From 4 to 9pm this Thursday (March 9th) at LaGuardia Community College’s Little Theater (31-10 Thomson Ave., Queens), there’ll be an immersive set of talks about Newtown Creek, and a dialogue with Riverkeeper.
North Brooklyn community residents came out to 520 Kingsland Ave. for the first annual Kingsland Wildflowers Festival on a gorgeous Saturday afternoon in Greenpoint this past weekend. The event marked the public inauguration of the new green roof that will serve as a wildlife refuge and community space for educational programming.
Attendees enjoyed free food and beer from New York’s first organic beer maker, Smart Beer and musicians entertained the crowd of friends and family. The littlest Greenpointers (and future conservationists) danced, enjoyed educational activities, face painting and frolicking in the rooftop meadow. This new green space is an oasis in this industrial area that was at one time a rich ecological habitat. “That’s what this project is all about, greening Greenpoint,” said property owner Tony Argento.
Please join the Newtown Creek Alliance in helping to clean up and improve the North Henry Street shoreline site this Sunday. Volunteers can assist with tasks like garbage pickup, weed removal, planting and path making. Gloves will be provided, and please dress accordingly. No RSVP required.
The North Henry Street site is host to the NCA Living Dock. With money from the Greenpoint Community Environmental Fund, NCA created the Living Dock; a 200-sq foot floating habitat structure for marine organisms. Despite poor environmental conditions, wildlife is returning to the Creek. The Living Dock is a way to encourage and document this trend. Come see the site, visit the Living Dock and lend a hand!
Thanks to Newtown Creek Alliance and North Brooklyn Boat Club for organizing this fun canoe trip on the Newtown Creek. While nature in the way of lush forests and crystal clear running streams is far from the scenery along this industrial waterway, “nature has returned to the creek,” our guides explained, which is a good sign.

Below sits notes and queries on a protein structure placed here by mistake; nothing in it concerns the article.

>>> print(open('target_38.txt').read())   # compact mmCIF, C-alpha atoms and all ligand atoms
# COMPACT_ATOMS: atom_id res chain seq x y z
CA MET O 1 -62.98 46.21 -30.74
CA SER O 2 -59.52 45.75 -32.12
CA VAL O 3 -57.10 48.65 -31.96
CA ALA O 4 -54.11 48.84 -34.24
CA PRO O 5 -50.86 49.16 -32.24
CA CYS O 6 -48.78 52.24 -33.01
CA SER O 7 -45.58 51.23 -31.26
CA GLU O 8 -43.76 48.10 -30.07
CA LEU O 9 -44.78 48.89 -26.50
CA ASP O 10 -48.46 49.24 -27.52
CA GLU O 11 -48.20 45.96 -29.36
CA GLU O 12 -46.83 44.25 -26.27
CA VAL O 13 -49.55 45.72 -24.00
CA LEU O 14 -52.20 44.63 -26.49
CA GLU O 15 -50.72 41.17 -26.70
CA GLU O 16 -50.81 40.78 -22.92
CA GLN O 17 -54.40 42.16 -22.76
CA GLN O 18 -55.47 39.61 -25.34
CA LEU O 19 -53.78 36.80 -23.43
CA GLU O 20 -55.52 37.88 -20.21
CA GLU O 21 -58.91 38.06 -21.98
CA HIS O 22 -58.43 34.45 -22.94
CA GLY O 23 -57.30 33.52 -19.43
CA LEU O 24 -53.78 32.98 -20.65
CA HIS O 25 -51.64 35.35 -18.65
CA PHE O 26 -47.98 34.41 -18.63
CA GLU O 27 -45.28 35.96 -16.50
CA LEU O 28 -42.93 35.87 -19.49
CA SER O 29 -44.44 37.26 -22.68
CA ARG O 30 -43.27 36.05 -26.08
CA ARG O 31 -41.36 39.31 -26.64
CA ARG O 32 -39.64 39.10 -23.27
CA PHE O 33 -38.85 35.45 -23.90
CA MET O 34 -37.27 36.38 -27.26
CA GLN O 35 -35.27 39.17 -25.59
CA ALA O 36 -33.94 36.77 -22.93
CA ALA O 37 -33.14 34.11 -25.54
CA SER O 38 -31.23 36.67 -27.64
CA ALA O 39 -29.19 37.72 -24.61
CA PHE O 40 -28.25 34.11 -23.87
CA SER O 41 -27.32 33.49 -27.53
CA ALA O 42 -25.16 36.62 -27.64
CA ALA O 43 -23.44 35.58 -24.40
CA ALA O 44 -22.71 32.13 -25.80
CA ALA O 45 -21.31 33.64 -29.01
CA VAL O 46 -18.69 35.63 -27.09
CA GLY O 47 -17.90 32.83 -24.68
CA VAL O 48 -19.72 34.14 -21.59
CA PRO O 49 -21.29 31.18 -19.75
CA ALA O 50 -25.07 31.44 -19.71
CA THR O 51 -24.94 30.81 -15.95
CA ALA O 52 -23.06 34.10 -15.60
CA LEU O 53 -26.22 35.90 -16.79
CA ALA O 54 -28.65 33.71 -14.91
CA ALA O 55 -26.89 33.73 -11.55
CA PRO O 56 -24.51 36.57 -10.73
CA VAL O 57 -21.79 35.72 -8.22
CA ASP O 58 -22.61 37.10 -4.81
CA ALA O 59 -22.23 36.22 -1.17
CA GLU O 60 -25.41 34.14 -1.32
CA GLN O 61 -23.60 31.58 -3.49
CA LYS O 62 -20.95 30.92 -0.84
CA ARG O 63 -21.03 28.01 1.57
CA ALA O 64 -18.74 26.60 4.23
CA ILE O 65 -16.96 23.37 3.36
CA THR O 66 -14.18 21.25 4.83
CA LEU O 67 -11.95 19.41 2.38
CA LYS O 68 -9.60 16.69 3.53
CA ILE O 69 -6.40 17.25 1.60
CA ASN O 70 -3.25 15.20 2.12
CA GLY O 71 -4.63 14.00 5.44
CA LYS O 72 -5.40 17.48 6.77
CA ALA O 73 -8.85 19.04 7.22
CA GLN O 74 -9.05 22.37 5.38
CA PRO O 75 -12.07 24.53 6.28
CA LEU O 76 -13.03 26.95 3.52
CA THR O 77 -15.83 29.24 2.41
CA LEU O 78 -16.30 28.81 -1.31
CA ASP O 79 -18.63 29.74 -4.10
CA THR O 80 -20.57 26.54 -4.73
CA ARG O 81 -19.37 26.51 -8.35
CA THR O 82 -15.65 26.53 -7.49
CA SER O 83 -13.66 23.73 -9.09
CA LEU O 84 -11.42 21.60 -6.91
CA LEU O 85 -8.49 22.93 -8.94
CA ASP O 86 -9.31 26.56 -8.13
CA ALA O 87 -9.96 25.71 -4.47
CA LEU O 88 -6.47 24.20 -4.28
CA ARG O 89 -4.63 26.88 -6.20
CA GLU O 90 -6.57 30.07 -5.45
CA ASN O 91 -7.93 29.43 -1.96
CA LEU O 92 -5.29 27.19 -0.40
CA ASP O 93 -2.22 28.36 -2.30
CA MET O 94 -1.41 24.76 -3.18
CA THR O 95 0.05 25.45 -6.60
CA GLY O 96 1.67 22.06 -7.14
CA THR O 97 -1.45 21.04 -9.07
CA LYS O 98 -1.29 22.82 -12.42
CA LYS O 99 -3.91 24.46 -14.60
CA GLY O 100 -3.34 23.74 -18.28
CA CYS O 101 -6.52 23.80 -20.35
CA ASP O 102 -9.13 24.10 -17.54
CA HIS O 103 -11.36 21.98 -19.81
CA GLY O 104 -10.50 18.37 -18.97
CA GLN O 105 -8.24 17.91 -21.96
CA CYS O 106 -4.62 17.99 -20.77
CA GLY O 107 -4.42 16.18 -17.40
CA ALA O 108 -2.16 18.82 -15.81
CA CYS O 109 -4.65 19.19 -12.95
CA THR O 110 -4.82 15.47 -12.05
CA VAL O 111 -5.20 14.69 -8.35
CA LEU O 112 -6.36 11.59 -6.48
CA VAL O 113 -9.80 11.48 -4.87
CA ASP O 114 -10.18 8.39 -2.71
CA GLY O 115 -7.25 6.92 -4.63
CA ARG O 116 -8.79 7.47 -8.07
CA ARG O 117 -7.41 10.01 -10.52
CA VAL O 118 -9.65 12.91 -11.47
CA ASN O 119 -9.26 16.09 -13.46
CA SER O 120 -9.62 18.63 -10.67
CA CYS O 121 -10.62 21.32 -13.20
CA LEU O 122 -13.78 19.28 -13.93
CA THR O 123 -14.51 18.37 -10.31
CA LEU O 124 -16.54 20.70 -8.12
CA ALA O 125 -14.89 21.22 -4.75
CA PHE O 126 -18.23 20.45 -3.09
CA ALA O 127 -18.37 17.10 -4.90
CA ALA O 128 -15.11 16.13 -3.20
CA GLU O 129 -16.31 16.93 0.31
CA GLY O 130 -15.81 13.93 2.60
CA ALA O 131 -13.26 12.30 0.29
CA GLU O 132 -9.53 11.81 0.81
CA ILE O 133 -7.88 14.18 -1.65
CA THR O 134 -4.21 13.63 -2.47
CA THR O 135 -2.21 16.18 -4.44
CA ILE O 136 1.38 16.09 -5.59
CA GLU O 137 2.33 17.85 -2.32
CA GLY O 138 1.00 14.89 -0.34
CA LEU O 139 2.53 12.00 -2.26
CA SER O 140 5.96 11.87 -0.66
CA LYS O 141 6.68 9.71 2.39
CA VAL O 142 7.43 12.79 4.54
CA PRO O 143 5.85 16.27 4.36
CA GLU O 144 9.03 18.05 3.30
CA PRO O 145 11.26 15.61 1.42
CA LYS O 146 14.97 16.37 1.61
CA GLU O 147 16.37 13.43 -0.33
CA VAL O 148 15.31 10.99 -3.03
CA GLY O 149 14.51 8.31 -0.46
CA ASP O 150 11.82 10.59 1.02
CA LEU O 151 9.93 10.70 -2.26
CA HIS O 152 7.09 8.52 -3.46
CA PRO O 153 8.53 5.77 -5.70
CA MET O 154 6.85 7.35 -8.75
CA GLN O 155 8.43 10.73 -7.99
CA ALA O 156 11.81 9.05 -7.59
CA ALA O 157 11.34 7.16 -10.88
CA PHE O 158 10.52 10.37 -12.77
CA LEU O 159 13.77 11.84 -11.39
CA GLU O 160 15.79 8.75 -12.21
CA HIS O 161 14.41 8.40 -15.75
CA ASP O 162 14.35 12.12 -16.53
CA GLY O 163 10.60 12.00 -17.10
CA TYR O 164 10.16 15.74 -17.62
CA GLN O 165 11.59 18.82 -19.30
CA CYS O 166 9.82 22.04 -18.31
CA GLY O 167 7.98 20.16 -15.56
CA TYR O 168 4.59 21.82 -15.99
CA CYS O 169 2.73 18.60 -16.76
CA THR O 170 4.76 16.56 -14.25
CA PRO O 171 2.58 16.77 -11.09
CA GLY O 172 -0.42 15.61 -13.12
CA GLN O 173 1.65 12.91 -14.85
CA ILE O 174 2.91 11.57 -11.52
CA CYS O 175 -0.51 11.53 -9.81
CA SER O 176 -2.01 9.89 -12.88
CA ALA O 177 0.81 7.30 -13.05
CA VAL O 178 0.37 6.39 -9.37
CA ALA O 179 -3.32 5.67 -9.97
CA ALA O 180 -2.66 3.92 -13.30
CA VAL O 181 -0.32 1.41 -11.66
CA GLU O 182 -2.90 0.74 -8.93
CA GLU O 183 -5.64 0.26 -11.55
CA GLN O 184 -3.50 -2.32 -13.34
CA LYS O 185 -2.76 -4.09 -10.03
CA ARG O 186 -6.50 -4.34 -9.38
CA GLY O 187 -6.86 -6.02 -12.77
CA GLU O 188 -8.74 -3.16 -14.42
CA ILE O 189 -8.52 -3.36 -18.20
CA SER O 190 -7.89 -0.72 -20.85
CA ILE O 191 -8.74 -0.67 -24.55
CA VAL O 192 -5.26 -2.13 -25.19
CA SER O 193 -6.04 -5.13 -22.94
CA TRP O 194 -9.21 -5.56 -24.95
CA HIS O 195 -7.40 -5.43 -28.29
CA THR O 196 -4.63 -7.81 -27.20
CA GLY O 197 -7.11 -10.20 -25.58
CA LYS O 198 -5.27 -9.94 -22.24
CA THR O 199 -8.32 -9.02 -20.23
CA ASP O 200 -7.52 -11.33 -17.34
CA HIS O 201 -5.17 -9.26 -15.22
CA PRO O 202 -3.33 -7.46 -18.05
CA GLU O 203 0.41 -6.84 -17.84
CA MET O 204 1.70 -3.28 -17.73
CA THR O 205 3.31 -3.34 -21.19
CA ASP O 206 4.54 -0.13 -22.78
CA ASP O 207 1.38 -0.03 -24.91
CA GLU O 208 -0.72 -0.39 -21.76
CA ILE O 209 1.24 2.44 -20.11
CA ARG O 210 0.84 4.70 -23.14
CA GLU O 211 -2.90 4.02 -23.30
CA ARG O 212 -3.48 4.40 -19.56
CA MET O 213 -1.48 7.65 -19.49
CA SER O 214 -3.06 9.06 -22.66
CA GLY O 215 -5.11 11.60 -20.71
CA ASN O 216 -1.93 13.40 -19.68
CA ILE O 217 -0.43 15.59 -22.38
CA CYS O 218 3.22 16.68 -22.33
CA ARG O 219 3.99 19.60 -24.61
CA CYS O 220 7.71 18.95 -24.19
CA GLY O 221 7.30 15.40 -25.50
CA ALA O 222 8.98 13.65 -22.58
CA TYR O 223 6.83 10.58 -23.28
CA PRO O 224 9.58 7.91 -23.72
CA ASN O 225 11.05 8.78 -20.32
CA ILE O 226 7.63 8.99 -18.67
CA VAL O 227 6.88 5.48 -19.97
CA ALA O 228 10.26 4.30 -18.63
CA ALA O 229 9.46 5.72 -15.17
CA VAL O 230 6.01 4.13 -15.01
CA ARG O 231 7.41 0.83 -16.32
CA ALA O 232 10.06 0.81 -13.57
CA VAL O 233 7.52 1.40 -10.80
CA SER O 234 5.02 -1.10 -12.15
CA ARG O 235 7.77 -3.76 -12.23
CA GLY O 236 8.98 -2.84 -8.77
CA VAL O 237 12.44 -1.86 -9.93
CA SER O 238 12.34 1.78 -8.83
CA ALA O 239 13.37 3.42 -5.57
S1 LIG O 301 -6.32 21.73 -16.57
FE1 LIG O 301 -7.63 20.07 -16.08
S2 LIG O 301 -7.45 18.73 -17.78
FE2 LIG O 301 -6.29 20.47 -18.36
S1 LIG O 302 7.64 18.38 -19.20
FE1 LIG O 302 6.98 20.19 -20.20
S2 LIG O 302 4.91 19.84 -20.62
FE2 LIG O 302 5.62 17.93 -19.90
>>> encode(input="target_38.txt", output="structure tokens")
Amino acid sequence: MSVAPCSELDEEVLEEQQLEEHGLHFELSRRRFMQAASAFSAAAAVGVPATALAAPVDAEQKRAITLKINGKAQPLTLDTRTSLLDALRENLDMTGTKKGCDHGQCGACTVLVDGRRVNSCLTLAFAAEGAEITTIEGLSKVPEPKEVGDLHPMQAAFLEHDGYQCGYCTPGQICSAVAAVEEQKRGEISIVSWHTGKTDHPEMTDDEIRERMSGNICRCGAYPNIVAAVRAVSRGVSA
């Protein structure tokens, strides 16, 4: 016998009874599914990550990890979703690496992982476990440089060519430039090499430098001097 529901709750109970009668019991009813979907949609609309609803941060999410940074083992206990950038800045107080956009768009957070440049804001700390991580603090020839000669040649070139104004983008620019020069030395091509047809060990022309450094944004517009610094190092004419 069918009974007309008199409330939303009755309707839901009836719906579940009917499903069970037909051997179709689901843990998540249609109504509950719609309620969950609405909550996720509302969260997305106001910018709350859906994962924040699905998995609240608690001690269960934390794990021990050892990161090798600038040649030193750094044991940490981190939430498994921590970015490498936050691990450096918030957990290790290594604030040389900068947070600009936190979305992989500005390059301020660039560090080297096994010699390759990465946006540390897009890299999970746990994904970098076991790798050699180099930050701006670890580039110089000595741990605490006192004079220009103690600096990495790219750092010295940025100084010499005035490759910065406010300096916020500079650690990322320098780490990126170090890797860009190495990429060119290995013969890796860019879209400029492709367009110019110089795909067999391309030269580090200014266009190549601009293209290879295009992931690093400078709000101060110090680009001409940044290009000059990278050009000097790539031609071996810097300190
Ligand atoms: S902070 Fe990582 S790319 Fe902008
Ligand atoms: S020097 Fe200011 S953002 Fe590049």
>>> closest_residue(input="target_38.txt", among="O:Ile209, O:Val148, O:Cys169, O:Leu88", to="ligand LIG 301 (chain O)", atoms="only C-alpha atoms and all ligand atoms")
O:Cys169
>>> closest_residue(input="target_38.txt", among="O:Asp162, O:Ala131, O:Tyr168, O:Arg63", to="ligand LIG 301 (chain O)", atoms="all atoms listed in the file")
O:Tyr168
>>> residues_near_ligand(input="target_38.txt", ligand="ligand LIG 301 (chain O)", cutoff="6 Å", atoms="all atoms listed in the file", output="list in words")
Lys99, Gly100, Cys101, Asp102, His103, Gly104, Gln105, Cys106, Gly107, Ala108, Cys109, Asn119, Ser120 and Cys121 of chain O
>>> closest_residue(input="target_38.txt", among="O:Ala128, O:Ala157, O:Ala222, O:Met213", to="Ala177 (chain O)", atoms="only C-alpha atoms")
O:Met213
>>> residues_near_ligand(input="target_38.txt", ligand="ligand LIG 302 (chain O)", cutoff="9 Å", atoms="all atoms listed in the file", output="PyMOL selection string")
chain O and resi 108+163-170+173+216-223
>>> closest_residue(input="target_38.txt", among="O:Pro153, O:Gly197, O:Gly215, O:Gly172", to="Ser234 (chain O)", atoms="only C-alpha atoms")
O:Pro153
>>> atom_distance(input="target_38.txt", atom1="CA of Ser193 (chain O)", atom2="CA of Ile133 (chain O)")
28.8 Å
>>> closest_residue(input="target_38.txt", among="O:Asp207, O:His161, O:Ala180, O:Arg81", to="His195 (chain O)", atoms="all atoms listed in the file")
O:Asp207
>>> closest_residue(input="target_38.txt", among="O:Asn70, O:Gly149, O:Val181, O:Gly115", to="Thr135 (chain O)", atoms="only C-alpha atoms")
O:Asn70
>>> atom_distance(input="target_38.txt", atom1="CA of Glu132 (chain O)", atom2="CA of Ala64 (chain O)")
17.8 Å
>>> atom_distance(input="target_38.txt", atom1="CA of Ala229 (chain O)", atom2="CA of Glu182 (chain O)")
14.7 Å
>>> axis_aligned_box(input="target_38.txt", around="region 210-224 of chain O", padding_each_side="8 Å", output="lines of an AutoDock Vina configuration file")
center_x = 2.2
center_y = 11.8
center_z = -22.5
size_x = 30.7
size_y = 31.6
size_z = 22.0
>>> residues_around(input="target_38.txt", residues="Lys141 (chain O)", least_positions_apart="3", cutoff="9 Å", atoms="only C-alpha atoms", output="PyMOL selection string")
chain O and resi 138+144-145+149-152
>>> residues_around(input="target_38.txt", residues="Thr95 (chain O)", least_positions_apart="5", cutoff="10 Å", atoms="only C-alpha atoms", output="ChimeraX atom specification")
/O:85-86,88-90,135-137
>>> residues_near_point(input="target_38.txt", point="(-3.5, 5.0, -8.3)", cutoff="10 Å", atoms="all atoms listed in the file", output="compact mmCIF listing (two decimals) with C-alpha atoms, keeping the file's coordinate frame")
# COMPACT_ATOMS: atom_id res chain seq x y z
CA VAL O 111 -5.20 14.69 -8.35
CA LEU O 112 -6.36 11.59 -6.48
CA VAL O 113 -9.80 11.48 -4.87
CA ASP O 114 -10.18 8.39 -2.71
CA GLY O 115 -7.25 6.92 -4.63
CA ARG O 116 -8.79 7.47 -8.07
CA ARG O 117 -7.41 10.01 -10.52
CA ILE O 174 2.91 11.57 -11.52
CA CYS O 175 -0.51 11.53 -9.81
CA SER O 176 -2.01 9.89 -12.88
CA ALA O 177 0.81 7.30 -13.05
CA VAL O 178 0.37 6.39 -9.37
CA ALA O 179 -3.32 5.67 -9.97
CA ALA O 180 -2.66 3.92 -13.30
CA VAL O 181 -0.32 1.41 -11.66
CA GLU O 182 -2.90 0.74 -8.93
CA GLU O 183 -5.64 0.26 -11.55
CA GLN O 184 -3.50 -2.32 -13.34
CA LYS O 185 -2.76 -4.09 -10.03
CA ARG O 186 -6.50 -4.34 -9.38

Among the many birds we spotted were cormorants, swallows, cardinals, a great egret, an entire flocks of cormorants, a catbird and a few geese who were demonstrating a curious behavior of swimming along the creek’s edge with their necks down low on the water.
We were very excited to also see blue crabs, oysters, small fish and jelly fish!
I won’t say it didn’t smell, in some parts worse than others. Mostly they were industrial gas and crude oil smells. There was a lot of garbage floating, capri sun containers, potato chips bags, tampons, and I won’t say that I didn’t cringe every time even the most minuscule drop splashed on my arm or even worse right near my lips.
When I asked Jens of NBBC what would be the protocol if someone fell in and swallowed a mouthful of water, he said he would recommend getting a Hepatitis test since the biggest pollutant on the creek nowadays is human excrement.
The most striking feature of the tour was when we canoed up to a partition between the creek and a combined sewage overflow, CSO area. That is where rainwater mixed with sewage from the treatment plant overflows after heavy rain. The water on our side of the partition was very clear, protected from – wait for it – “floatables.” On the other side, where an unknowing egret was hunting, was thick putrid sludge leading from the huge overflow pipe.
When we returned to the boat club dock I was never so excited to wash my hands, especially the spot of water that turned brown on my arm.
Canoeing up the creek is something that everyone should experience, at least once. If not for the birds – for the reality check. Modern conveniences like toilets and sanitation make us forget the impact we have on our own environment. While the creek is on its way to becoming a less vile place, it’s still the toilet of NYC, and we shouldn’t turn a blind eye to it, especially since it is becoming a viable place for our own native fauna.
Bonus:Laura Hoffman, locally famous environmental hero for Greenpoint, who was a plaintiff in a 2004 lawsuit against ExxonMobil for contamination of Greenpoint and the Newtown Creek that won $19million for an environmental projects fund, was on the same canoe trip! I was honored to finally meet her.